Of the last 12 presidents of the United States, 12 have been elected without college degrees. Yet, despite these lack of degrees, they have made significant contributions to the growth of the nation. Although a college degree is still a prerequisite for securing a dream job, those who lack a degree shouldn’t give up. Rather, they should strategize and carve a clear path toward their goals.
George W. Bush
Despite the fact that he received his undergraduate degree from Yale, George W. Bush is the most recent U.S. president without a college degree. His father and grandfather both attended Yale. In 1968, George H.W. Bush ran for Senate as a freshman. He received more votes than any other Republican in Texas history, but came up short in the general election. While in college, Bush helped his father’s campaign and gained some experience in grassroots politics.
While attending school, Bush participated in intramural sports with gusto. He also became president of Delta Kappa Epsilon, the campus’s hardest-drinking club. While he wasn’t a natural class leader, he was an enthusiastic participant in the school’s extracurricular activities. He even organized a stickball league for his classmates. At the time, stickball had been played on campus only casually. But Bush turned it into a serious sport and organized campus teams. At Yale, he was also arrested for disorderly conduct.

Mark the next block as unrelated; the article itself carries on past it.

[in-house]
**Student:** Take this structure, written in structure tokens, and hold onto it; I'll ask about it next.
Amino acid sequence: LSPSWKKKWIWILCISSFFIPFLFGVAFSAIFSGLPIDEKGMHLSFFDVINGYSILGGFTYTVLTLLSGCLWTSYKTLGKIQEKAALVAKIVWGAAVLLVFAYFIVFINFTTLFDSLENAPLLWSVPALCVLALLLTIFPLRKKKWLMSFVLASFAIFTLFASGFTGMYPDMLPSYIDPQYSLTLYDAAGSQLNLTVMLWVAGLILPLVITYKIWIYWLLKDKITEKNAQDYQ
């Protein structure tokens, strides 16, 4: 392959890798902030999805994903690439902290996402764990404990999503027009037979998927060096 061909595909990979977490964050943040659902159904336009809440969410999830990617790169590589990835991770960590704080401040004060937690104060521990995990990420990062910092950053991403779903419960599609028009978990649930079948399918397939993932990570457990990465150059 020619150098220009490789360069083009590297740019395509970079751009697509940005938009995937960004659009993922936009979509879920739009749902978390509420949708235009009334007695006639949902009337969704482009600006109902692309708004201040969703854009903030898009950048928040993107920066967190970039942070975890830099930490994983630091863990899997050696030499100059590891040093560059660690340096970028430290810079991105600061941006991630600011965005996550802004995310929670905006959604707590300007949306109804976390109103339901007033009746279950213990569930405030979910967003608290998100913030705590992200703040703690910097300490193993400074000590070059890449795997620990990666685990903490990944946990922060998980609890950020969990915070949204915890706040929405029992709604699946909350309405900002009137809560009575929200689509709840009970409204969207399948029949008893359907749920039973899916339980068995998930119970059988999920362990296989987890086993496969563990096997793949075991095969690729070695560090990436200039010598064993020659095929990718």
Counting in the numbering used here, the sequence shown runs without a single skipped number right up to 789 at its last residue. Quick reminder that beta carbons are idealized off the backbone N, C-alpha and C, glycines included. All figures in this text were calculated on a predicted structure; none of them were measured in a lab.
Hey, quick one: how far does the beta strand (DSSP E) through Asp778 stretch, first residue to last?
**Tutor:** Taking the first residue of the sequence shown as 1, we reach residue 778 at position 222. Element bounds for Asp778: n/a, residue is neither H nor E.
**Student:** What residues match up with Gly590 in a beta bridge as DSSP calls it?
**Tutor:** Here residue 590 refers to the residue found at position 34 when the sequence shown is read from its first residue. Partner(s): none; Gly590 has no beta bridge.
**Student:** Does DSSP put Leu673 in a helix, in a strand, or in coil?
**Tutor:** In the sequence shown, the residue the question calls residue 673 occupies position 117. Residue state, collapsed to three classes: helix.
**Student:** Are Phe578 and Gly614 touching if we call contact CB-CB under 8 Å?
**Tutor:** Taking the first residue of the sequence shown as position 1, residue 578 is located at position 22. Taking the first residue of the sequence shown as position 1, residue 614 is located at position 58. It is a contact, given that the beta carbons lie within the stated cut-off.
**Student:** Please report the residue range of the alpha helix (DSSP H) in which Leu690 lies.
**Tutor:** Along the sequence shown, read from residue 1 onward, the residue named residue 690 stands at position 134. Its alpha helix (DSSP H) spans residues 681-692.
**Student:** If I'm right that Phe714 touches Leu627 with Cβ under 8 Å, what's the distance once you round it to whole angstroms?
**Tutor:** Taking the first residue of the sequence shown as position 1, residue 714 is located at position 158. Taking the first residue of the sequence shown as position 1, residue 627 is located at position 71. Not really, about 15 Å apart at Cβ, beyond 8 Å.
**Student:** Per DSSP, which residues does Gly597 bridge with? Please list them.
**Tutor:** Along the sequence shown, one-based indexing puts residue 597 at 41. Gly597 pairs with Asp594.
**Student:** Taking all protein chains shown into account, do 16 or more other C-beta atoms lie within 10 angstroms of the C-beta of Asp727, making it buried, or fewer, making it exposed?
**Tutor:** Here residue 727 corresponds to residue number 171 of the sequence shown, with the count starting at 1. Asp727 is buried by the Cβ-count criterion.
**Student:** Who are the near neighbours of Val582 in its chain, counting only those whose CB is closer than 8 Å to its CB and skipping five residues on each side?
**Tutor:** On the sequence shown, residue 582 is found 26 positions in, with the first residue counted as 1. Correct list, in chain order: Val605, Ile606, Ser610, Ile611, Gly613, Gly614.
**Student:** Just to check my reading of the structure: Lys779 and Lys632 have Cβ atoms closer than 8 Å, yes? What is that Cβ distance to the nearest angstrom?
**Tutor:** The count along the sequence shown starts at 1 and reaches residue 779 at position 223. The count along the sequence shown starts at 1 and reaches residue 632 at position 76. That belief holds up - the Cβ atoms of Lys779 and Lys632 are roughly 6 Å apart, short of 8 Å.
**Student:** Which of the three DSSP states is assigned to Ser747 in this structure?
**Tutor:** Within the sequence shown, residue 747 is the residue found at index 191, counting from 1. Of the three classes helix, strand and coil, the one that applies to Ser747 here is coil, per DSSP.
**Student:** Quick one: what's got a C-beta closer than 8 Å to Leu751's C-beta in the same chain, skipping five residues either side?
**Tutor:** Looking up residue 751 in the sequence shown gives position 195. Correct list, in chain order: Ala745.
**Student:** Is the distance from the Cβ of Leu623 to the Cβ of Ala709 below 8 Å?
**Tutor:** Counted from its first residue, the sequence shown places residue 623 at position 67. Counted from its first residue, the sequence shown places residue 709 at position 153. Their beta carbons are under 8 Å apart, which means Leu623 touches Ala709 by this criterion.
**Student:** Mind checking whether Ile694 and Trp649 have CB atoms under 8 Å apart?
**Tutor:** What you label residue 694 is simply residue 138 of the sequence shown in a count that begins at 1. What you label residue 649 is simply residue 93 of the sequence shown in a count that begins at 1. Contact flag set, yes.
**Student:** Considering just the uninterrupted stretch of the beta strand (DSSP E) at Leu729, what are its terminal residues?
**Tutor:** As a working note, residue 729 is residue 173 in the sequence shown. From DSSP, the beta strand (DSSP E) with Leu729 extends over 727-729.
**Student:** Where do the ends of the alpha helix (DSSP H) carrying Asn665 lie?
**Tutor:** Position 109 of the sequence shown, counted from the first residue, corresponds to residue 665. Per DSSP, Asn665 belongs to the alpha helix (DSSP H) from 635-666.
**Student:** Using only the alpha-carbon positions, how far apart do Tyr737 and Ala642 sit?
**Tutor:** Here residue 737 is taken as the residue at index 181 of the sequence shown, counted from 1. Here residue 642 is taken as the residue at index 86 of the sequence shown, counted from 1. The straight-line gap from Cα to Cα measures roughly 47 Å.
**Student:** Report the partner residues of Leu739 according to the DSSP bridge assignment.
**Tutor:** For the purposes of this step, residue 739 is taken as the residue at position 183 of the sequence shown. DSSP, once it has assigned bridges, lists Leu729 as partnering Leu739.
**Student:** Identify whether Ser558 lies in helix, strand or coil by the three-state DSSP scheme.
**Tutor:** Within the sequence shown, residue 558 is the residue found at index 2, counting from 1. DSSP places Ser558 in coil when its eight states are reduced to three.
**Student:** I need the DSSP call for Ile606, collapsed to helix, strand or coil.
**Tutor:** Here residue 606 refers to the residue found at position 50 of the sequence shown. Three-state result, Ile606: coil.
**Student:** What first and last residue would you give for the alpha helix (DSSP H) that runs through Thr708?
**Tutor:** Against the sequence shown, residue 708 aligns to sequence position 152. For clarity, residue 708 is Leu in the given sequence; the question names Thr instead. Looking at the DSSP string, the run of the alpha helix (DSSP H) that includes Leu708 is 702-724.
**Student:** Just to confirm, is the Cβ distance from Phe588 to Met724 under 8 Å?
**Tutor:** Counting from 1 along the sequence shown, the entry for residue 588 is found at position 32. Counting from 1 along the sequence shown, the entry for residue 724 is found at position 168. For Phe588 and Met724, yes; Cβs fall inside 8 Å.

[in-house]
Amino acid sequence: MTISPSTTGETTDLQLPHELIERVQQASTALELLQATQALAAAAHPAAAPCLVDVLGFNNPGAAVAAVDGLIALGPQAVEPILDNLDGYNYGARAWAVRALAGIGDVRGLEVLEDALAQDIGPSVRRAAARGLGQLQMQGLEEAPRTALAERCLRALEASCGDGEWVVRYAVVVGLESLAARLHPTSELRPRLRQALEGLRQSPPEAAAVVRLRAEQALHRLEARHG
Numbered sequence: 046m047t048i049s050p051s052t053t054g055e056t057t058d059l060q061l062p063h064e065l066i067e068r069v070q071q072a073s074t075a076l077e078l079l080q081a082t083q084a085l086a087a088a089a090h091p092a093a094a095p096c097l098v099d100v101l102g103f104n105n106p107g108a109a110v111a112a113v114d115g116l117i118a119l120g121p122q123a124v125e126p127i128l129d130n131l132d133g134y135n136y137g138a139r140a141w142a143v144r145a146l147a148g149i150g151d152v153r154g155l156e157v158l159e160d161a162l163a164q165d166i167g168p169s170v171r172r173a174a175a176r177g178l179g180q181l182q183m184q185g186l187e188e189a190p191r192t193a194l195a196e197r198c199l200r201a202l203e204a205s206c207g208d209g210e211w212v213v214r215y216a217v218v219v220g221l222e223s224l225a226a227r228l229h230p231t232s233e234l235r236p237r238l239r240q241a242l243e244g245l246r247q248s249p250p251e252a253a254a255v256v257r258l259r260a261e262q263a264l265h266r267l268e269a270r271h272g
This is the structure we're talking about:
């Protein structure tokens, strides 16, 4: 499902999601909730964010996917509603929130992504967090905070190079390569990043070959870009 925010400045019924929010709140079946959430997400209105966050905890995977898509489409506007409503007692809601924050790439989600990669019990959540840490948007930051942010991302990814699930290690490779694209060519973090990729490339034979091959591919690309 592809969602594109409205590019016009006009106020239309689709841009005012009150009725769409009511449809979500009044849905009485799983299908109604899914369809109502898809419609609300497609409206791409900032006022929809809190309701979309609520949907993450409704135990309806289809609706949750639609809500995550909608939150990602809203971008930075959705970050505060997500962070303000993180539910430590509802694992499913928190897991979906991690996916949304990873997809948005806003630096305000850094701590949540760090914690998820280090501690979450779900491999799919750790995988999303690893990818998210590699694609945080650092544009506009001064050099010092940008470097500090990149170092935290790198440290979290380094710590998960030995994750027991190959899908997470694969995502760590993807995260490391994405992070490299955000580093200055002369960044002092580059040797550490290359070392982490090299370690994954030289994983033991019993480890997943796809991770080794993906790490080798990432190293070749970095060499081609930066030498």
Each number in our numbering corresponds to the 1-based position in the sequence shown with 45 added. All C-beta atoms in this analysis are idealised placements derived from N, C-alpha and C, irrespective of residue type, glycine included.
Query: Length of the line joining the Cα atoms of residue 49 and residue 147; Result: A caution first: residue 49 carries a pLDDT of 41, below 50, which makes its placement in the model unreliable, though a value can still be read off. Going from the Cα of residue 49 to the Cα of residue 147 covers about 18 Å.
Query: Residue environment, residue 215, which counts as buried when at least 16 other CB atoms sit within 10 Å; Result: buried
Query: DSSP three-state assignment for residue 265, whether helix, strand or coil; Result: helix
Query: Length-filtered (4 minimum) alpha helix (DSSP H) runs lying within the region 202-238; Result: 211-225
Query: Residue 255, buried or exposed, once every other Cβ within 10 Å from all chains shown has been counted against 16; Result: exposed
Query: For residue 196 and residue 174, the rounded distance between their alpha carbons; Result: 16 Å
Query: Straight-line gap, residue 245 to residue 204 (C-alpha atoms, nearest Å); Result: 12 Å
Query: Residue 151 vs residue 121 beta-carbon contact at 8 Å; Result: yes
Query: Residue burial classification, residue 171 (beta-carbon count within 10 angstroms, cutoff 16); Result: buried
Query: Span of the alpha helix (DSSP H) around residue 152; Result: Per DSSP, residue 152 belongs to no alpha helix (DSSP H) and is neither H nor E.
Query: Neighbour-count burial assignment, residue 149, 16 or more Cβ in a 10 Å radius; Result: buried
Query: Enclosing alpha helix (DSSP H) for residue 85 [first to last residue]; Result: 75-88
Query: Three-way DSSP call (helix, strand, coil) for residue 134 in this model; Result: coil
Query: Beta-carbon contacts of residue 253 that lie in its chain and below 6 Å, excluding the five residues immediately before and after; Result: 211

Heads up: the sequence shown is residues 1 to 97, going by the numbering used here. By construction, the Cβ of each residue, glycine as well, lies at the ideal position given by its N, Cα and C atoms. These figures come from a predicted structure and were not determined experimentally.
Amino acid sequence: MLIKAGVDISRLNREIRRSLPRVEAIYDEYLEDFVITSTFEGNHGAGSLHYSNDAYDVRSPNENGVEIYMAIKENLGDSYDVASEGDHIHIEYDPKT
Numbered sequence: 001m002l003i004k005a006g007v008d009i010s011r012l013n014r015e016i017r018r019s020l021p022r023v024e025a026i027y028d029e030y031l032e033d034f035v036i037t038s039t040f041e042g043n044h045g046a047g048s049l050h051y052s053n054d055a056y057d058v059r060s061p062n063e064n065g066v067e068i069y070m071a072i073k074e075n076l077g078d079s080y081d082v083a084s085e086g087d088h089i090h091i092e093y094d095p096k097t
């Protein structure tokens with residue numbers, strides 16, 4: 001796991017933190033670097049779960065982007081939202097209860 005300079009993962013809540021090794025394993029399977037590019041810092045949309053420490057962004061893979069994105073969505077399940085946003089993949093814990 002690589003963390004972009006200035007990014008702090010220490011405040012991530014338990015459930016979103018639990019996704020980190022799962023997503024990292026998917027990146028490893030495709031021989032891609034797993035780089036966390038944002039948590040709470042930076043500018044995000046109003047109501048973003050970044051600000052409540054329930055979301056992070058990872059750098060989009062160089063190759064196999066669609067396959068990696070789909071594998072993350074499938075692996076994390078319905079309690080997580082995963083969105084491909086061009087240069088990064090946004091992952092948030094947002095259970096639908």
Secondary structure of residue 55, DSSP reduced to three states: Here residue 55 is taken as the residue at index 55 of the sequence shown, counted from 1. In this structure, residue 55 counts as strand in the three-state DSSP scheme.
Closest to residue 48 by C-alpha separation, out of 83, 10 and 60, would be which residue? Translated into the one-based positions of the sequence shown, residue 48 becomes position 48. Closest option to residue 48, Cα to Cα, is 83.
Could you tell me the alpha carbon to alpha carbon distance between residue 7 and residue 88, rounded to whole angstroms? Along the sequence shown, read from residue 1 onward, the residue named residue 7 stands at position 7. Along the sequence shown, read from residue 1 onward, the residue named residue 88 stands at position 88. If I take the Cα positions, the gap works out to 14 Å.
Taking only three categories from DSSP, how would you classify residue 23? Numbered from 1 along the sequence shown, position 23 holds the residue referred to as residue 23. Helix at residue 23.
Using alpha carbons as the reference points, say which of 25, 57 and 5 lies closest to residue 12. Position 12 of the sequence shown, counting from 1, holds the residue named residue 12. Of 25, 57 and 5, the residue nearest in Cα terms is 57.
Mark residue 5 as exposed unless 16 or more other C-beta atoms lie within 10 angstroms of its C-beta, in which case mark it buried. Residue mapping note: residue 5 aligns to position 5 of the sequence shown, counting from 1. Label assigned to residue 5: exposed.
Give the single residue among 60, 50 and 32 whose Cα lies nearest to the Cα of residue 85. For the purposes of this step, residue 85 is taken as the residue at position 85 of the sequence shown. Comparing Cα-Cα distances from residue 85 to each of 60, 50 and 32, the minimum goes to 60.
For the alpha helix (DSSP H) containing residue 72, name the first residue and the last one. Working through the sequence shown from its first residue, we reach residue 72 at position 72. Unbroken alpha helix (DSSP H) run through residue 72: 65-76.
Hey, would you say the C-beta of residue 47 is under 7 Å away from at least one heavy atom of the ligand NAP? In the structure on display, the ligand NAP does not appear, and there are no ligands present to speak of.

The first time Bush ran for office was in 1978. He failed to win the congressional seat he sought, but eventually went on to run for president. His political philosophy was described as compassionate conservatism – combining traditional Republican economic policies with concern for the poor and vulnerable. He refused to answer questions about his drinking habits, but nevertheless won the Republican nomination for president. His primary campaign focused on issues such as education, juvenile justice, welfare, and tort reform. Then, in 2000, Bush defeated Republican nominees John McCain and Vice President Al Gore.